The Ca’D’Oro Building

Glasgow (18XX - 1872)

‘Venice comes to Glasgow...'

The Ca’ D’Oro Building sits at the corner of Union Street and Gordon Street. It opened in 1872.

Architect John Honeyman is said to have based his design for what was originally a furniture warehouse, on the “Golden House” in Venice.

It was built using triple-arched cast iron frames with masonry arches above the shops below.

In the early part of the century, the building suffered the indignity of having a two-storey high concrete mansard housing and ballroom added to its roof, along with a profusion of office, restaurant and other functions shared between it and its neighbour; the ‘Maison Centrale’.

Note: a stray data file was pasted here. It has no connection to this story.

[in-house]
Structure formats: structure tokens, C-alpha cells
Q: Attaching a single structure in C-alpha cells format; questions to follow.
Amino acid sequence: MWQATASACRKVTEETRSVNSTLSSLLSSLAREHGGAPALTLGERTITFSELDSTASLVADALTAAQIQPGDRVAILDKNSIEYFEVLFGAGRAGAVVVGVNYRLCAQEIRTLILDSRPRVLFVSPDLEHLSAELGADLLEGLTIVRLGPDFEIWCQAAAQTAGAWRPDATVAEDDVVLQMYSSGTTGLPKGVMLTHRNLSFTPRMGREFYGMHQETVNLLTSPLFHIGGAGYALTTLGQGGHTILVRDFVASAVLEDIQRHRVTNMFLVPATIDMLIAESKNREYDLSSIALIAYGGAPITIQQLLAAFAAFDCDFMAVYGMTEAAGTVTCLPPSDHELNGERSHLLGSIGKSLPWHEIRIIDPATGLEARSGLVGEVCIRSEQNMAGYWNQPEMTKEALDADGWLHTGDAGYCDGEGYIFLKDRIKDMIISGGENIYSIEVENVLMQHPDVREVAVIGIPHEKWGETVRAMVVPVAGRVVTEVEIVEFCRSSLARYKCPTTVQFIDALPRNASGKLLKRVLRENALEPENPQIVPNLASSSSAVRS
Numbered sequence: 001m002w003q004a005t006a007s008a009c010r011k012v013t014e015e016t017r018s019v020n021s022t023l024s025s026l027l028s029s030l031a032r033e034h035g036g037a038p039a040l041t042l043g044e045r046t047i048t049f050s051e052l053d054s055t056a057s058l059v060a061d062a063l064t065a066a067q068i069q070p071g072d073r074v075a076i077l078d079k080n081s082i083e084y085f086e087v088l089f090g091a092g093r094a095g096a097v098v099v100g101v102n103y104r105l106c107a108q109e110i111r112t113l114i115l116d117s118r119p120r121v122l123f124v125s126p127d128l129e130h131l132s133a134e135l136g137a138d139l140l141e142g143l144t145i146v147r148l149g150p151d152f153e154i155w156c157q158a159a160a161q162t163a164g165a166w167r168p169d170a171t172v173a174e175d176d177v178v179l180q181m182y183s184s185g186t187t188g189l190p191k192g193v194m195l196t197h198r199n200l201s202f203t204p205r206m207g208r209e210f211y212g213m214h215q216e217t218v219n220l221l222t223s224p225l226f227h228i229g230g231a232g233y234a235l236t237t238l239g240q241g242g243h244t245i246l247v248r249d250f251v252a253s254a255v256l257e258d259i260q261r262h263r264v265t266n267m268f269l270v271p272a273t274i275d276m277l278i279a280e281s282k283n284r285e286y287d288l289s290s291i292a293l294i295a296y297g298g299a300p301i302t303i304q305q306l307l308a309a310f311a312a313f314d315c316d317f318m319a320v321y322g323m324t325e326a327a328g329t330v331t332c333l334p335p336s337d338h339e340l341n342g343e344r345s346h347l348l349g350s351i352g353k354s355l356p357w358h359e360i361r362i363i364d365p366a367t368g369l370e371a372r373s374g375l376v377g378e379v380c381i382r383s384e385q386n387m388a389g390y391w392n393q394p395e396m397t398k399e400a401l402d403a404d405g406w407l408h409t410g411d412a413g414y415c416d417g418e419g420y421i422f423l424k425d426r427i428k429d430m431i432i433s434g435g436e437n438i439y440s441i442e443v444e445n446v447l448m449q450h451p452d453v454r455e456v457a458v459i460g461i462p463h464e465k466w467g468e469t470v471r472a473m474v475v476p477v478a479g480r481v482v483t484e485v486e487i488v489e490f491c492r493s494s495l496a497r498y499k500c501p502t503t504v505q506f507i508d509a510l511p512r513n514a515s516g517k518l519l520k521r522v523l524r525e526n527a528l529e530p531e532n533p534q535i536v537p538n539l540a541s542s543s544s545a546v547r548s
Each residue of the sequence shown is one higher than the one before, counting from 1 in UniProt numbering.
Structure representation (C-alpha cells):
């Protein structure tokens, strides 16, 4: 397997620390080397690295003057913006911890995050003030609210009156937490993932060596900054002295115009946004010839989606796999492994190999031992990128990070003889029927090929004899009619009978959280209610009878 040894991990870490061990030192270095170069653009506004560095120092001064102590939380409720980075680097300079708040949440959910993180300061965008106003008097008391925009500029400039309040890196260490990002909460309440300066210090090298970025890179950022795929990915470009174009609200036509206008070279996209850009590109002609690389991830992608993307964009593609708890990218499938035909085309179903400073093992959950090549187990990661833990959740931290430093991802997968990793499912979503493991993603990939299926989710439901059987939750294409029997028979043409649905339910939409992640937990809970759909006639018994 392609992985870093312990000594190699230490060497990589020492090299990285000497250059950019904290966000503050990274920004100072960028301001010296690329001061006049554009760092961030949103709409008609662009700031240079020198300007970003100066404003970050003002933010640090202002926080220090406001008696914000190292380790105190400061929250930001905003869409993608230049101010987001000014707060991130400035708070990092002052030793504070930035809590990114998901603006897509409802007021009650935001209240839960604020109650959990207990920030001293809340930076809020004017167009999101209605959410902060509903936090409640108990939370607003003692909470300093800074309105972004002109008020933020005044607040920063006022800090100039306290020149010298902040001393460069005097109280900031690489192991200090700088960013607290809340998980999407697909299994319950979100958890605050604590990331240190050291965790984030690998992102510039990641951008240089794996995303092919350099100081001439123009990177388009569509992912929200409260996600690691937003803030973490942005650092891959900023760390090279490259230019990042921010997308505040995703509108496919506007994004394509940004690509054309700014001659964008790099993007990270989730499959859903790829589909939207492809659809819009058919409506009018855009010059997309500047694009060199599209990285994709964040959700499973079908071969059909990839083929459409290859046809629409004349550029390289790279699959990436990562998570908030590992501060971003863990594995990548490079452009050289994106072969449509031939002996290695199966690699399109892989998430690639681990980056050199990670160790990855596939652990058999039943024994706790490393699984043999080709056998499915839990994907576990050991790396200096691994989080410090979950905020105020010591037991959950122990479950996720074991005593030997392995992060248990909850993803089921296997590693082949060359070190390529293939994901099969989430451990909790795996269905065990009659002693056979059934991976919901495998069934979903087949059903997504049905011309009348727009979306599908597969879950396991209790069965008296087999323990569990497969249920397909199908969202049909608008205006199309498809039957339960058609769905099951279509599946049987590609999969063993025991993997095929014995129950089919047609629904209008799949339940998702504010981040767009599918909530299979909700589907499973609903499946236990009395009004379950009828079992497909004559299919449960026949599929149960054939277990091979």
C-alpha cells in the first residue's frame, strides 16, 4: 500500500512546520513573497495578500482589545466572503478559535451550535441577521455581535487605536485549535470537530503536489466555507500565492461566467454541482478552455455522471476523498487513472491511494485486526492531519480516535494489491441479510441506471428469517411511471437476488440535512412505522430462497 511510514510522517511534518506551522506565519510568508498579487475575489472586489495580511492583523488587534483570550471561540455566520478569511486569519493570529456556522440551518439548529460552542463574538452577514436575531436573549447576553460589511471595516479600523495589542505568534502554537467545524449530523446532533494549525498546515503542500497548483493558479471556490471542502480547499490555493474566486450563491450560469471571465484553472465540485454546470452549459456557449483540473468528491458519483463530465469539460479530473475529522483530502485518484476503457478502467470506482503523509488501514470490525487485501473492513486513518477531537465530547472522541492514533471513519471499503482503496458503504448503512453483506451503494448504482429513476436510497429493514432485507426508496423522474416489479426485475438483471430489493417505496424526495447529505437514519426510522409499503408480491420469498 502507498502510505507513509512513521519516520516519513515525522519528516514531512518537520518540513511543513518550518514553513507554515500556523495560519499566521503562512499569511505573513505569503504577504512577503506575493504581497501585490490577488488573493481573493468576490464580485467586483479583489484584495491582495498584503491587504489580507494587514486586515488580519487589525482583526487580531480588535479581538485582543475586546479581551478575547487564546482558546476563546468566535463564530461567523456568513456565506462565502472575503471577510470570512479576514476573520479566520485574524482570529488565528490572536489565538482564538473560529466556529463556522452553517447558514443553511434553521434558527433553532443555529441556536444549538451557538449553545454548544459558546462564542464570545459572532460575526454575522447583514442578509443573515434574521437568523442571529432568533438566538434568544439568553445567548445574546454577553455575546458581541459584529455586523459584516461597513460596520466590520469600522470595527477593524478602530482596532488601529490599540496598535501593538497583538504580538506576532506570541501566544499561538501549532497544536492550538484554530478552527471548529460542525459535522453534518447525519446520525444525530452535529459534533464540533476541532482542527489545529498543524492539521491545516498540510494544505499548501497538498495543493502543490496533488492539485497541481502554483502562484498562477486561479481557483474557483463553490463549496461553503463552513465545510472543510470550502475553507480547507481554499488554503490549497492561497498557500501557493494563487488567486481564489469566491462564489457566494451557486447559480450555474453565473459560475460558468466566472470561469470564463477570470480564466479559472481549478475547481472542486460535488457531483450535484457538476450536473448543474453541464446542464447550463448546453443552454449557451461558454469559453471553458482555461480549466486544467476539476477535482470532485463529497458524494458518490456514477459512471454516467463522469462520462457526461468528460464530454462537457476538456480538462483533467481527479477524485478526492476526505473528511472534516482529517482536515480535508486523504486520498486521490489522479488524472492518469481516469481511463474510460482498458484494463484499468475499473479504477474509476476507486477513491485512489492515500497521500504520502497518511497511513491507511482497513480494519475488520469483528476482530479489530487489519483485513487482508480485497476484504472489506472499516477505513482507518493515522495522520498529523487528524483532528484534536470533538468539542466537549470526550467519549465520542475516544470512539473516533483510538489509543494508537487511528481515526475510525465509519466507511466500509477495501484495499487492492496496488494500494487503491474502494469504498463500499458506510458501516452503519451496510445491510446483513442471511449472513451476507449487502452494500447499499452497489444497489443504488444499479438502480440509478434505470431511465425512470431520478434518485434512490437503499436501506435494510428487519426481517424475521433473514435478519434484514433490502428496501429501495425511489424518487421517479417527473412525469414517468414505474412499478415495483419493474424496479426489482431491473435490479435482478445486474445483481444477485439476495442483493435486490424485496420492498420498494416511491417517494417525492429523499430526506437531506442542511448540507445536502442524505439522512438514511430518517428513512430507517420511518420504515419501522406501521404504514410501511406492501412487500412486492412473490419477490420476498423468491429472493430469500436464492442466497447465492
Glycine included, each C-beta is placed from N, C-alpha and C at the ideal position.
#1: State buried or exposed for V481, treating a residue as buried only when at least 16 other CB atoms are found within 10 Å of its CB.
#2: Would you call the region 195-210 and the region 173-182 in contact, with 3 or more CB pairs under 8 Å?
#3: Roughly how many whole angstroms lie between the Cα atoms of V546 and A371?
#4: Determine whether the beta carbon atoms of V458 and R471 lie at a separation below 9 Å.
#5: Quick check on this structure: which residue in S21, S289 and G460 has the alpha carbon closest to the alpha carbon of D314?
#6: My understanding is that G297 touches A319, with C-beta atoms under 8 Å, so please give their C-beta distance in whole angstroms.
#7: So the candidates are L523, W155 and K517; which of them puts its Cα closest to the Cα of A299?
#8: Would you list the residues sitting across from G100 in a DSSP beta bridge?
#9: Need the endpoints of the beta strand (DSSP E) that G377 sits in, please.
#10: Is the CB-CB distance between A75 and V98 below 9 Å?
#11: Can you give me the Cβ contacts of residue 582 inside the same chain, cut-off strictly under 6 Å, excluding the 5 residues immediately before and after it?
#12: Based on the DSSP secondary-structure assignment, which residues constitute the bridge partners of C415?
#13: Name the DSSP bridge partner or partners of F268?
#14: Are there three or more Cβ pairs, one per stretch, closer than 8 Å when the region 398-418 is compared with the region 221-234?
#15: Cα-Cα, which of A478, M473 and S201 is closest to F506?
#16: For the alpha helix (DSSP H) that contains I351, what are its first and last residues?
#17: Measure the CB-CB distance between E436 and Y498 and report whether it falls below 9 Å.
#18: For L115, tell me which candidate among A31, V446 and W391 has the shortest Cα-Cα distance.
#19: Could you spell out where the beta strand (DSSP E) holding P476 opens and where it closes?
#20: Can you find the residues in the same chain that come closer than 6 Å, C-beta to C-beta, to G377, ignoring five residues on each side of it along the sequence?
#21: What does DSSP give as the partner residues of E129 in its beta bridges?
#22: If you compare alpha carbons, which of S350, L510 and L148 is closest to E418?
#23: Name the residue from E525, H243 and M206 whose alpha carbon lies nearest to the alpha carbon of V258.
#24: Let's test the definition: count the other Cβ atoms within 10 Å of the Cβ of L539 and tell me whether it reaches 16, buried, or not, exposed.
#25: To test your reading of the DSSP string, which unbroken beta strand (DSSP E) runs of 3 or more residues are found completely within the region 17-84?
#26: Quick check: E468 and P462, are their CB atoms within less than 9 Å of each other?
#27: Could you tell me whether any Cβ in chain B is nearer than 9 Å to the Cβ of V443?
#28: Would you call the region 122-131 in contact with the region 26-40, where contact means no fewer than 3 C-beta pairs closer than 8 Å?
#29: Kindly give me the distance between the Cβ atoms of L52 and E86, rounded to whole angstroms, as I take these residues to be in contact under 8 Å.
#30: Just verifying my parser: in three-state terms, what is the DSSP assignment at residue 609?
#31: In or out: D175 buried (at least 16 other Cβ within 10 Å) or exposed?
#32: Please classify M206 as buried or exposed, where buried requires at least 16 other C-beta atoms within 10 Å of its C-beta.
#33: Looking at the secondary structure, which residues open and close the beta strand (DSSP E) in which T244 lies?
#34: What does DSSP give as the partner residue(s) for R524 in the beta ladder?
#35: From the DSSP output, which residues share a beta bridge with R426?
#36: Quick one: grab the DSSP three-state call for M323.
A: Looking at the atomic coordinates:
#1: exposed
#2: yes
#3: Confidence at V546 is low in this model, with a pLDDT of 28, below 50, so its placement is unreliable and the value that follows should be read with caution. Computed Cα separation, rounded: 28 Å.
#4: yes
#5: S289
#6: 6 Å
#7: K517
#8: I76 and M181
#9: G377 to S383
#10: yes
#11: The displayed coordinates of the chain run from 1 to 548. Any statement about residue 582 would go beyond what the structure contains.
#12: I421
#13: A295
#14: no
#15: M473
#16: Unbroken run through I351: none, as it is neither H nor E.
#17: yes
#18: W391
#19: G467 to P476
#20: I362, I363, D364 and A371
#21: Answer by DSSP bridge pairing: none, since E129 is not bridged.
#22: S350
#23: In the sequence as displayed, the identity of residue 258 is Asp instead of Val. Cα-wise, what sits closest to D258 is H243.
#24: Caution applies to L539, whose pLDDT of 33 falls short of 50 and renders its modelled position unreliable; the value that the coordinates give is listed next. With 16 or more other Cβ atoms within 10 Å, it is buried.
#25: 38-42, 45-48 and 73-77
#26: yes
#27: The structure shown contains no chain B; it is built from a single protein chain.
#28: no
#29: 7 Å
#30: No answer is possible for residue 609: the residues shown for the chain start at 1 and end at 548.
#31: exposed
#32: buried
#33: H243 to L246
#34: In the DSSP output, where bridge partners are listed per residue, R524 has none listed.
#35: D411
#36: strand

The building became known as the Ca’d’Oro in 1927, when a restaurant of that name was opened in the concrete mansard erected on top of the building to the design of J Gaff Gillespie, and completed by Jack Coia.

Initiative by the owner resulted in a new commission for Keppie to demolish the Maison Centrale, and
restore and extend the Ca’d’oro to house new office and retail accommodation.

Specialist skills were deployed in the restoration of masonry, cast iron and stained glass. Despite a serious fire during the course of the early works, the completed project won Civic Trust and Europa Nostra awards and commendations.

The interior of the building and the mansard were destroyed by the blaze in 1987, although the cast iron frame survived.

The building was eventually restored and refurbished, and it reopened in 1990 when it was occupied by Waterstone’s bookshop at street level and offices above.